Investors like Vertex Pharmaceuticals (NASDAQ:VRTX) for its cystic fibrosis products and hefty pipeline. The company has four products on the market for the disease and three additional treatments in Phase II. The strength of its products has translated into earnings, with positive surprises over at least the past four quarters and product revenue of $950 million in the third quarter. That's a 21% increase over the same period a year ago.
But there's another reason to like this Boston-based biotech stock. Vertex is developing non-opioid painkillers, and considering the current opioid crisis, the move into the pain management market is likely to be huge.
Cost of the opioid crisis
In 2017, more than 47,000 Americans died after an opioid overdose, and currently, about 130 people a day die in the U.S. from opioid overdose, according to the National Institute on Drug Abuse. The figure includes prescription medications as well as illicit drugs like heroin. And 80% of heroin users initially misused prescription opioids, the institute reported.
The crisis took root in the 1990s when doctors increased opioid prescriptions with the belief that they wouldn't lead to addiction. That belief was based on the drug companies marketing the drugs as non-addictive. These days, makers of opioids have found themselves facing massive lawsuits, and an expert told CBS that a global settlement over the crisis could cost drugmakers as much as $150 billion. Another estimate pegs the amount closer to $50 billion, based on a recent settlement in Ohio.
Now that the addictive nature of opioids has become common knowledge, doctors and patients alike are eager to find alternatives for pain management. At the moment, choices are limited to the dangerous opioids or the everyday pain relievers like aspirin or ibuprofen that aren't strong enough to handle severe pain.
Enter Vertex, with molecules that suppress pain by inhibiting a sodium ion channel -- so no need for opioids. Opioids work by binding to receptors in the brain and elsewhere in the body, then blocking pain messages, and therefore, reducing pain. Vertex's work focuses on targeting a gene linked to pain perception and blocking that function. According to an article in The Scientist, the sodium ion channel's presence in peripheral neurons means drugs targeting it stay away from the central nervous system. And as a result, addiction risk is avoided.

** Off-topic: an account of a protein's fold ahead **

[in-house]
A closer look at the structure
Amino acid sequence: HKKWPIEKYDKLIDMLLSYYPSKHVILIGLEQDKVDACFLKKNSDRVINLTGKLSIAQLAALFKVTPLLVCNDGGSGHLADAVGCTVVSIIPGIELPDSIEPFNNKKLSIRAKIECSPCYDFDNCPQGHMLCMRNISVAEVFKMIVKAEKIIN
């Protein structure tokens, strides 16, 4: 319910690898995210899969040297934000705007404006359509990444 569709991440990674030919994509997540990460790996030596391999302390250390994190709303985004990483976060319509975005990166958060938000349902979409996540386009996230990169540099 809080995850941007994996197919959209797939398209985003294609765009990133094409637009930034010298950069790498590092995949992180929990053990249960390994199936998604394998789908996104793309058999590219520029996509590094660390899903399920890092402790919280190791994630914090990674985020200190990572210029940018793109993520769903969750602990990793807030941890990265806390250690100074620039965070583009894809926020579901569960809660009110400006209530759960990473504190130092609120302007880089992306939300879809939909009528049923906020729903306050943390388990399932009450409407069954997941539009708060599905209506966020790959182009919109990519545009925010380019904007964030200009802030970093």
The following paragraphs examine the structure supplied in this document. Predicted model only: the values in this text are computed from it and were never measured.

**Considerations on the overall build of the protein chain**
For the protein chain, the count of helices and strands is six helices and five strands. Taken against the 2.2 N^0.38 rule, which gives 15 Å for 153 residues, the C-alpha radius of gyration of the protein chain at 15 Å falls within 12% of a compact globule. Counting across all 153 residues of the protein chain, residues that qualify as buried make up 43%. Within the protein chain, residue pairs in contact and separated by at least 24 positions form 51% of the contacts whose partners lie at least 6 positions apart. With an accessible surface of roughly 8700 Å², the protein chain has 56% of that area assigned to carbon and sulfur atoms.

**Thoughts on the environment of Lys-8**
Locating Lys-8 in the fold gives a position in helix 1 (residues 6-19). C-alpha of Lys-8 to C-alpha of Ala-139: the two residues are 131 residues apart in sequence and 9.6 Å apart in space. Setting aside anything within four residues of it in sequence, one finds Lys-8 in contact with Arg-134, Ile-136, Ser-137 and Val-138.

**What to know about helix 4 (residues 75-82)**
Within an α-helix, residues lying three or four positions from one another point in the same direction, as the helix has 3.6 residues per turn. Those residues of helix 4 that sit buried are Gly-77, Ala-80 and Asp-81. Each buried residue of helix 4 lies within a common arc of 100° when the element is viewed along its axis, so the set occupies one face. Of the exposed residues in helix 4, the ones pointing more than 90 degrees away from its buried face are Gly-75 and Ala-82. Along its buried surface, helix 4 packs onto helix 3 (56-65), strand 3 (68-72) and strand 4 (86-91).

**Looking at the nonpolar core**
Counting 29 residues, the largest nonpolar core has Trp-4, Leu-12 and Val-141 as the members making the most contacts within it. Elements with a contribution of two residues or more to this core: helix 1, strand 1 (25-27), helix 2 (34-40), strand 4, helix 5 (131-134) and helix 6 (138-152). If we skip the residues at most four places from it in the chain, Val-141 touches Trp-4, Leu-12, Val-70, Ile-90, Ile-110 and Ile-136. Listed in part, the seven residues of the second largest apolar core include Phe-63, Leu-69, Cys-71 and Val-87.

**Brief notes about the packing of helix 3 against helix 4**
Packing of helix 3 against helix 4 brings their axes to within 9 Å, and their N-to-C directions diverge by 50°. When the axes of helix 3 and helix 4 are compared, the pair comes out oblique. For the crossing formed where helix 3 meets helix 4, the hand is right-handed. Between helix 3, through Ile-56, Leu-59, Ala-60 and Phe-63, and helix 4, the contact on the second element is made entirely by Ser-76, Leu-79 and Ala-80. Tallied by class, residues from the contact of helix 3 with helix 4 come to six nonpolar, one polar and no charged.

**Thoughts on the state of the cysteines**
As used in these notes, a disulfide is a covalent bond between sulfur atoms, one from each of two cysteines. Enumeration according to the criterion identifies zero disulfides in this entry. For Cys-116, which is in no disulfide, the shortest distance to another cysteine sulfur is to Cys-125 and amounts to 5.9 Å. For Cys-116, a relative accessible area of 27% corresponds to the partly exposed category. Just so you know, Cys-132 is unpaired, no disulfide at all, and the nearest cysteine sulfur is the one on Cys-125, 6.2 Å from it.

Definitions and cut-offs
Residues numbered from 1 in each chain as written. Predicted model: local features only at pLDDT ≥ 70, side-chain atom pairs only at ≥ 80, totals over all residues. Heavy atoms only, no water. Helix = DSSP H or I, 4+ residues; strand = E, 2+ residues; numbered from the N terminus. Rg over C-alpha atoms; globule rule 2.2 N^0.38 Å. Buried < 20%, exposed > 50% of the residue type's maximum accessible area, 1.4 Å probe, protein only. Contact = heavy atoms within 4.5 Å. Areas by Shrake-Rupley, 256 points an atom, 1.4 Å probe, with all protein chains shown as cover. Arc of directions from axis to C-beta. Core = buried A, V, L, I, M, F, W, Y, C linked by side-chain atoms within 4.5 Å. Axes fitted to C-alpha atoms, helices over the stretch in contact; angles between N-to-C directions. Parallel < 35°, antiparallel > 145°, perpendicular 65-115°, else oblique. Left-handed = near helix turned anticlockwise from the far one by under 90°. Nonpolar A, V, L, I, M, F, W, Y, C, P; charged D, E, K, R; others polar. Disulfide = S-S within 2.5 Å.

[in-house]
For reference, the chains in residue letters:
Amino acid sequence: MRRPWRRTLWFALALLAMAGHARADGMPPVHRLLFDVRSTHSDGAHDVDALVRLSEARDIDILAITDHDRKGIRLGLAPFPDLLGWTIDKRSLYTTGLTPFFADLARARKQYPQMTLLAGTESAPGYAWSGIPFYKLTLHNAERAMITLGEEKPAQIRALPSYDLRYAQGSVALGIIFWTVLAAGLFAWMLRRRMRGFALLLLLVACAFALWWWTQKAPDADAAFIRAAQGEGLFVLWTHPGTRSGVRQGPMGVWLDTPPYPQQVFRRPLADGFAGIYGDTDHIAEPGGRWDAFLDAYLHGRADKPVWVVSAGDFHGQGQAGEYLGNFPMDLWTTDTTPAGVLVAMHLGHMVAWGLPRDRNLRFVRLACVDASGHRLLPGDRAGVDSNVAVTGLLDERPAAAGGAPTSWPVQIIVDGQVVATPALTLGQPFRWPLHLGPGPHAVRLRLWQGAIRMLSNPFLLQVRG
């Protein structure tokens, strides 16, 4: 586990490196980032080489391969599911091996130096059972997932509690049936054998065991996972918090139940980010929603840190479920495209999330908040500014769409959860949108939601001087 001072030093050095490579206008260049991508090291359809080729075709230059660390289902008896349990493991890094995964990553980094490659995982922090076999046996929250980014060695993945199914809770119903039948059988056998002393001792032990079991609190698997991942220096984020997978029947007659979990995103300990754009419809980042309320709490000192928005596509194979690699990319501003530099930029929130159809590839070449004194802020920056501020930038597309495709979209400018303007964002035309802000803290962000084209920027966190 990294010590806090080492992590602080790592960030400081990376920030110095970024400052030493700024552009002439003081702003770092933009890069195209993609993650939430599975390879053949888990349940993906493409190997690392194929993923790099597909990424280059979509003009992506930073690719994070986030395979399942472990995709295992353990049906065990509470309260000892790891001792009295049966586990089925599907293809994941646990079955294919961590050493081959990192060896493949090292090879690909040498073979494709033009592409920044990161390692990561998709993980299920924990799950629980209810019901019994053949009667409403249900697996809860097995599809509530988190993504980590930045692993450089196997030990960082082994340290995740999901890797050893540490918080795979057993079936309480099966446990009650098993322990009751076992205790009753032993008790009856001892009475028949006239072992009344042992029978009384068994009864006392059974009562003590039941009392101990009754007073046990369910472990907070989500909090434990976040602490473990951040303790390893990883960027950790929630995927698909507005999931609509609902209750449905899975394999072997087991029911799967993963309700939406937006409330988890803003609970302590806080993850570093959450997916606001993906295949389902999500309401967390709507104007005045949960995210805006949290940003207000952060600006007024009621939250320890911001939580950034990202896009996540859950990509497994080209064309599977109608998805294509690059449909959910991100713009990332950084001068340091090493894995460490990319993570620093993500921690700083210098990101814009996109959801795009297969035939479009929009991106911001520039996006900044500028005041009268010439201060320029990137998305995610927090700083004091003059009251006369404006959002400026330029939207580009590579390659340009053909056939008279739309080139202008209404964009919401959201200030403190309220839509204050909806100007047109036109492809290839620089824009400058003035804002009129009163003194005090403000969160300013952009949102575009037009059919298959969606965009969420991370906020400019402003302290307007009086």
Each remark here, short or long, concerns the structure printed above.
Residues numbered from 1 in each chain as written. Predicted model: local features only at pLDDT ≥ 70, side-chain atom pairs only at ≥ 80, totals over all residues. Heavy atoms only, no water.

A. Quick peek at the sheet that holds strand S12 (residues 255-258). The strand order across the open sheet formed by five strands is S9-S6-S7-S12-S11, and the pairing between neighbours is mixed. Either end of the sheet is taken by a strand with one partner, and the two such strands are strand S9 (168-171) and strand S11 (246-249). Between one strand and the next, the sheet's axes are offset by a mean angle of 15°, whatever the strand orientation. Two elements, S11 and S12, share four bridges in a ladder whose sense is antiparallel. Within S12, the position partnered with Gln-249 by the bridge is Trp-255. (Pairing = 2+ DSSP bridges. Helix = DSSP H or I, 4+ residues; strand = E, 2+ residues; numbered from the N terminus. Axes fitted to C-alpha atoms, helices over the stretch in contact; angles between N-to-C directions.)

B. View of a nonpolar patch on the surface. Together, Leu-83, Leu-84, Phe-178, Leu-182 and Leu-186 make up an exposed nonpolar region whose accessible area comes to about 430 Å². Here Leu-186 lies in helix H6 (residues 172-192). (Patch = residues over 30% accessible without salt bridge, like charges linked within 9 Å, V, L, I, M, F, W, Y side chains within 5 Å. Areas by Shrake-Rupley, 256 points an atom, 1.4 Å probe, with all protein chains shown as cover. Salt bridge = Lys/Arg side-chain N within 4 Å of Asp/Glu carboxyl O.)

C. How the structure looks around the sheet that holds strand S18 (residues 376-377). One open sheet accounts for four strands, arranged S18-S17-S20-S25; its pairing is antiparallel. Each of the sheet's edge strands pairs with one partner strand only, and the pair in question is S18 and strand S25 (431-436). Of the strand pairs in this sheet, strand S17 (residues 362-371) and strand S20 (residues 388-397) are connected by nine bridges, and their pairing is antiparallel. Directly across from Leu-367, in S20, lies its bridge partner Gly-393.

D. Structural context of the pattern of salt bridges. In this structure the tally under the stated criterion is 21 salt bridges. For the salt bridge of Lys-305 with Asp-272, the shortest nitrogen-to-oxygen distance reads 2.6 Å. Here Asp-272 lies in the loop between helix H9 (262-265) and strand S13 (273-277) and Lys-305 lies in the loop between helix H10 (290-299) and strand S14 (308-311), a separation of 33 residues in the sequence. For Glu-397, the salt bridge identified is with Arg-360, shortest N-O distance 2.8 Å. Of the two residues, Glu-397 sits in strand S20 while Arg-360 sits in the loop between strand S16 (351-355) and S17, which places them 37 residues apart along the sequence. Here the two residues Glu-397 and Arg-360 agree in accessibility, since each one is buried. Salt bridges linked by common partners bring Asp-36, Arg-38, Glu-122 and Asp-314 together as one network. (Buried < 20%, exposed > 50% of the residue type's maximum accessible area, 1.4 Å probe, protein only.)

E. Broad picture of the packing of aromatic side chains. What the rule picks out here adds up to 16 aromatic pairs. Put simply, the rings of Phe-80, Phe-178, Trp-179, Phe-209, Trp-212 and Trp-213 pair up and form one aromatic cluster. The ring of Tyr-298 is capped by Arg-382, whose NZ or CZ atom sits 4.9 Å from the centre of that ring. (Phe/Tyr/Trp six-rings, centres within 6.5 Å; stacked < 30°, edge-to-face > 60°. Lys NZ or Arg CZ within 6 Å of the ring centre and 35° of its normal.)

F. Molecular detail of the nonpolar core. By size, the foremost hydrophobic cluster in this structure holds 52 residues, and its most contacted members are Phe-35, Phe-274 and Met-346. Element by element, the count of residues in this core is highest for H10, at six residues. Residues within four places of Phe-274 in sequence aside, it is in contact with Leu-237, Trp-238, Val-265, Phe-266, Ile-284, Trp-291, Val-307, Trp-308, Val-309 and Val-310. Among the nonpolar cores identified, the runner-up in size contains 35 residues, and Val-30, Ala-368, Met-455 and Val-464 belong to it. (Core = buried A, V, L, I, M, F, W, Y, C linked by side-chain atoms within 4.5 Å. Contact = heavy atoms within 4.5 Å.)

The Boston Globe said Vertex sees pain management as a multibillion-dollar opportunity and expects its most promising pain candidates to enter late-stage clinical trials in 2021. It typically takes a company about five years to bring a drug from the beginning of Phase III trials to drug approval.
Vertex has reported positive Phase II results for its most advanced pain molecule, VX-150 in neuropathic pain, osteoarthritis, and acute pain. The company advanced a second similar molecule, VX-961, into Phase I trials, and once it establishes which molecule is the strongest, it will take that one into late-stage development. Vertex last month said last month that the U.S. Food and Drug Administration granted the Fast Track Designation to VX-961, a status that could speed up its time to market.
"We think having a molecule, like 150 or 961, that would have opioid-like efficacy without any of the indicative potential or side effects would be a very powerful transformative advance in the treatment of acute pain," said Chief Executive Officer Jeffrey Leiden in August on the company's second-quarter earnings call.
Of course, Vertex isn't the only company developing non-opioid pain medicines. Eli Lilly (NYSE:LLY) and Pfizer's (NYSE:PFE) tanezumab, in Phase III trials, is closer to market, though clinical trial results were mixed in a report earlier this year. Even as competition races to the pain finish line and some may make it there before Vertex, the market's size and the current lack of non-addictive options mean it still represents an important opportunity. There is room for more than one winner. Analysts predict the global pain management market, which includes devices as well as medicines, will reach $52 billion by 2022, up from $36.1 billion in 2017, according to a BCC Research report.
Buying Vertex today won't cause investors pain
Now is the time for investors to buy Vertex shares because they can bet on the company's future in the pain management market, while benefiting from the current cystic fibrosis revenue stream. Vertex expects full-year 2019 product revenue of $3.70 billion to $3.75 billion, and analysts surveyed by Yahoo Finance predict full-year earnings per share of $4.77, up 17% from the previous year. For shares trading at 24 times earnings, it's not a bad deal.